WASHINGTON -- The kill shots that took down Osama bin Laden had a special resonance for three New York lawmakers who have spent the past decade recovering from the devastation al Qaeda had wrought in their midst.
Top priority for Democratic Reps. Jerry Nadler and Carolyn Maloney and Republican Rep. Peter King was passing a law to help the thousands of Sept. 11 responders who missed out on the first rush of national unity and gratitude after the terrorist attacks, and who were coping with sickness and depression on their own.
Maloney shepherded the efforts on the bill, eventually dubbed the James Zadroga 9/11 Health and Compensation Act, which is worth $4.3 billion in compensation and health care aid to those ailing responders.
King would eventually head the House Homeland Security Committee, where he focused heavily on guarding New York. For his part, Nadler pushed to preserve individual rights from his seat on the House subcommittee on the Constitution, Civil Rights and Civil Liberties.
So consider how they took the stunning revelation that bin Laden was dead.
“It took two or three seconds for it to sink in,” King told The Huffington Post. He said National Counterterrorism Center boss Michael Leitner informed him around 10 Sunday night -- after leaving a message warning King something of interest to him was on the way.
“I thought maybe they intercepted someone coming into the country, or locked some guy up overseas,” King recalled. “If you had given me 10 things to put on a list, I wouldn’t have put bin Laden there, so when he told me it really took a few seconds ... it was so off my radar screen.”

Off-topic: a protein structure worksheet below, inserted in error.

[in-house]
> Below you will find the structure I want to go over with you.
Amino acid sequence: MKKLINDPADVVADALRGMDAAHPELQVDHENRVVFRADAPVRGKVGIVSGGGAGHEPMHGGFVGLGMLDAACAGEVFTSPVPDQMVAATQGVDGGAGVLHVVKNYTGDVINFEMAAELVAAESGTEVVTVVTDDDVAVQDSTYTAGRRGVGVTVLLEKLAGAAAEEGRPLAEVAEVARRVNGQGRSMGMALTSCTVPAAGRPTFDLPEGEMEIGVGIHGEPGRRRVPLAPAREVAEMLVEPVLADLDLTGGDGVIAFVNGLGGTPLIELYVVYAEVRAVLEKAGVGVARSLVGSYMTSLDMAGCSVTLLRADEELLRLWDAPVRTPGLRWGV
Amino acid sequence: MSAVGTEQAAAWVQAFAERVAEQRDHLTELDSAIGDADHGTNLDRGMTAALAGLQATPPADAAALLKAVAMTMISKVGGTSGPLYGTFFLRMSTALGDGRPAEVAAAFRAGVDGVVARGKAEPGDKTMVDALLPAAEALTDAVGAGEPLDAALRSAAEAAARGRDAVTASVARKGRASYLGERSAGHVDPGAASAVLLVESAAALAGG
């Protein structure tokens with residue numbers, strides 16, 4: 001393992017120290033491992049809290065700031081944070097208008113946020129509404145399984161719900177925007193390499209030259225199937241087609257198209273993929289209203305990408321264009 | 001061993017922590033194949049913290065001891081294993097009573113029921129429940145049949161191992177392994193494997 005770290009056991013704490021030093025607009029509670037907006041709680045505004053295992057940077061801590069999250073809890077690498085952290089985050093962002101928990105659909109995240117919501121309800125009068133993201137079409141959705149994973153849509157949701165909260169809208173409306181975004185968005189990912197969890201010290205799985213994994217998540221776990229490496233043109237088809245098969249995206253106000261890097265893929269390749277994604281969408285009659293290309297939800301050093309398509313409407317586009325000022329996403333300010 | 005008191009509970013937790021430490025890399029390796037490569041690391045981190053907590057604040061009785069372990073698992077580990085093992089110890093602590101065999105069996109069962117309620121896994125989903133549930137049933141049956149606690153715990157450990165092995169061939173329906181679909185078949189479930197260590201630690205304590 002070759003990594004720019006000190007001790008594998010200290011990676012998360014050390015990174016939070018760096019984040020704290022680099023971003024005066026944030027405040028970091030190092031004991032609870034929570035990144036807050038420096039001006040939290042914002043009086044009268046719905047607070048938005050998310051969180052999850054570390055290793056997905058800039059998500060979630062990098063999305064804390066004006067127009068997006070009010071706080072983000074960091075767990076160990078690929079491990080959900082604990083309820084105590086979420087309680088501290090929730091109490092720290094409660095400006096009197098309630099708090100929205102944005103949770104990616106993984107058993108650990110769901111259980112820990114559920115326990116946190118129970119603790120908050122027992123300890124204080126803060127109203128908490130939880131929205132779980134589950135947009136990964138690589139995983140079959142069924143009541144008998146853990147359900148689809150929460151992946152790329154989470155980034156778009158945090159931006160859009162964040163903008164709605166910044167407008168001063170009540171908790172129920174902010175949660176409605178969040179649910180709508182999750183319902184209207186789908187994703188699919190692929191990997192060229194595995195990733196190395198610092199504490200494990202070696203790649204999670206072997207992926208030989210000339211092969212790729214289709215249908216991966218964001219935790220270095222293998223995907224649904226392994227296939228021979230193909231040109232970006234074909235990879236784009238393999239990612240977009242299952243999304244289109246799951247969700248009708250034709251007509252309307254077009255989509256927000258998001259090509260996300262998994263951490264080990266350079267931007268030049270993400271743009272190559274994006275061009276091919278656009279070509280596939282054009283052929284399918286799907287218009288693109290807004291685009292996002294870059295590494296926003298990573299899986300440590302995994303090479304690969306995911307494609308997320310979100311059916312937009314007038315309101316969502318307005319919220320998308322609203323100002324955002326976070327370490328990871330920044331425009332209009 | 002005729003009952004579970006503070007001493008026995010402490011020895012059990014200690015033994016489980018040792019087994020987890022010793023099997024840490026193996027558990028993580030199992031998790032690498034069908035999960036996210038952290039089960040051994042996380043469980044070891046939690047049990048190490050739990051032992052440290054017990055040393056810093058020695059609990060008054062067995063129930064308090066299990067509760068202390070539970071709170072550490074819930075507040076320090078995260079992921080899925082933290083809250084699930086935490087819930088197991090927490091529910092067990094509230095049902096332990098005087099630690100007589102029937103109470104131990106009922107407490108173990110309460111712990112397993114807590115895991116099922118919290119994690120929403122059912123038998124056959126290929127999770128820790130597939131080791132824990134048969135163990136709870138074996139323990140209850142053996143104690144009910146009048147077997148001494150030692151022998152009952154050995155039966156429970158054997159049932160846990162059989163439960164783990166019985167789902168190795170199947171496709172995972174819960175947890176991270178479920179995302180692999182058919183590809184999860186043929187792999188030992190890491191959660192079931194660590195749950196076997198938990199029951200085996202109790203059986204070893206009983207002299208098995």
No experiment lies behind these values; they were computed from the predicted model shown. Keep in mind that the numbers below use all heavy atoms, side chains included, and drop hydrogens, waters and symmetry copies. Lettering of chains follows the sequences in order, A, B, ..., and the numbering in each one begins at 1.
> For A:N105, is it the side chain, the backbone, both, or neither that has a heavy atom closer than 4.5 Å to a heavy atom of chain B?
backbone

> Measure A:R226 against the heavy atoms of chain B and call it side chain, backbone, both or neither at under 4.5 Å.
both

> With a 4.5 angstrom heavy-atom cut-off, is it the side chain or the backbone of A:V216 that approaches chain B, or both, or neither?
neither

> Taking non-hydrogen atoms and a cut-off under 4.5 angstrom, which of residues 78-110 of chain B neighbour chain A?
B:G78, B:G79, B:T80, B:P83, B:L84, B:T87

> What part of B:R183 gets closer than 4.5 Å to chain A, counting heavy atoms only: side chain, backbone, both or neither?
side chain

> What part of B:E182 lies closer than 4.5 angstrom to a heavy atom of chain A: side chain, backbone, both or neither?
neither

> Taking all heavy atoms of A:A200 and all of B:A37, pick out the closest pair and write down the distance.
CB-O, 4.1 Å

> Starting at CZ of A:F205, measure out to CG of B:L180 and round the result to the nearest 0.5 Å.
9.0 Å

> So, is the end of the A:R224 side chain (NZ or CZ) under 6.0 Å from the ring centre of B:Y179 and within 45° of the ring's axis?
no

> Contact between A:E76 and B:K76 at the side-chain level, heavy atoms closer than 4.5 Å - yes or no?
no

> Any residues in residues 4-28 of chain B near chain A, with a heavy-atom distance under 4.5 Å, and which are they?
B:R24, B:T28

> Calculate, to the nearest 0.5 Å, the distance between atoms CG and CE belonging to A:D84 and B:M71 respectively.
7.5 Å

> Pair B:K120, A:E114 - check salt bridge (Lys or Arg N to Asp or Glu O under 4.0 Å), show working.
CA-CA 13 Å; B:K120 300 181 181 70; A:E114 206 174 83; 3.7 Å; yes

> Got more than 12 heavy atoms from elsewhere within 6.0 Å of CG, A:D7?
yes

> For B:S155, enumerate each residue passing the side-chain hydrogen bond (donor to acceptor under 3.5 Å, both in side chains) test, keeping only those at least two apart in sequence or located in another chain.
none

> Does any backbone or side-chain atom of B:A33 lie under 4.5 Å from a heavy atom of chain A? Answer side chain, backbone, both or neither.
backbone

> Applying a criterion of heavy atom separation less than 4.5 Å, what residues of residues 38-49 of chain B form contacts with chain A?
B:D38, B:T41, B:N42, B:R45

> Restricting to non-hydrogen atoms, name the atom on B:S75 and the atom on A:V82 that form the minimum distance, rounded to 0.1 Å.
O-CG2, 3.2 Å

Maloney declined to reveal her initial response, but said the moment meant a lot, even if it didn't exactly bring what she or her colleagues would call closure.
“I can hear my city breathing a sigh of relief,” she said. “Over the last 10 years, the most asked question I received from New Yorkers was ‘When are we going to find Osama bin Laden?’”
Nadler and King were less reserved.
“I was delighted,” Nadler told The Huffington Post, even as he acknowledged the continuing need to heal the harm bin Laden did. “Here’s a guy who’s evil in every sense of the word, who declared war on us and civilization, who was trying to take us back to the seventh century, and was willing to kill large numbers of men, women and children with no discrimination. The earth is better off without him being here,” Nadler said.
“My second reaction was, OK, we know how the President reacts to a 3 a.m. phone call -- he does it very well,” Nadler added, in a reference to a campaign ad run against Obama in 2008.
King also praised President Obama, but was most effusive in relishing the death of the man responsible for a trail of monuments to the dead “every four or five blocks” in King’s Long Island neighborhood.
“I have no regrets at all about bin Laden being killed, and I have no regrets about telling you I feel a certain joy in that,” King said. “It’s not the most important reaction to have, but it is a reaction and I’m honest enough to admit that I have it.
“There is a legitimate time and place for revenge, and for me, this was it,” he added.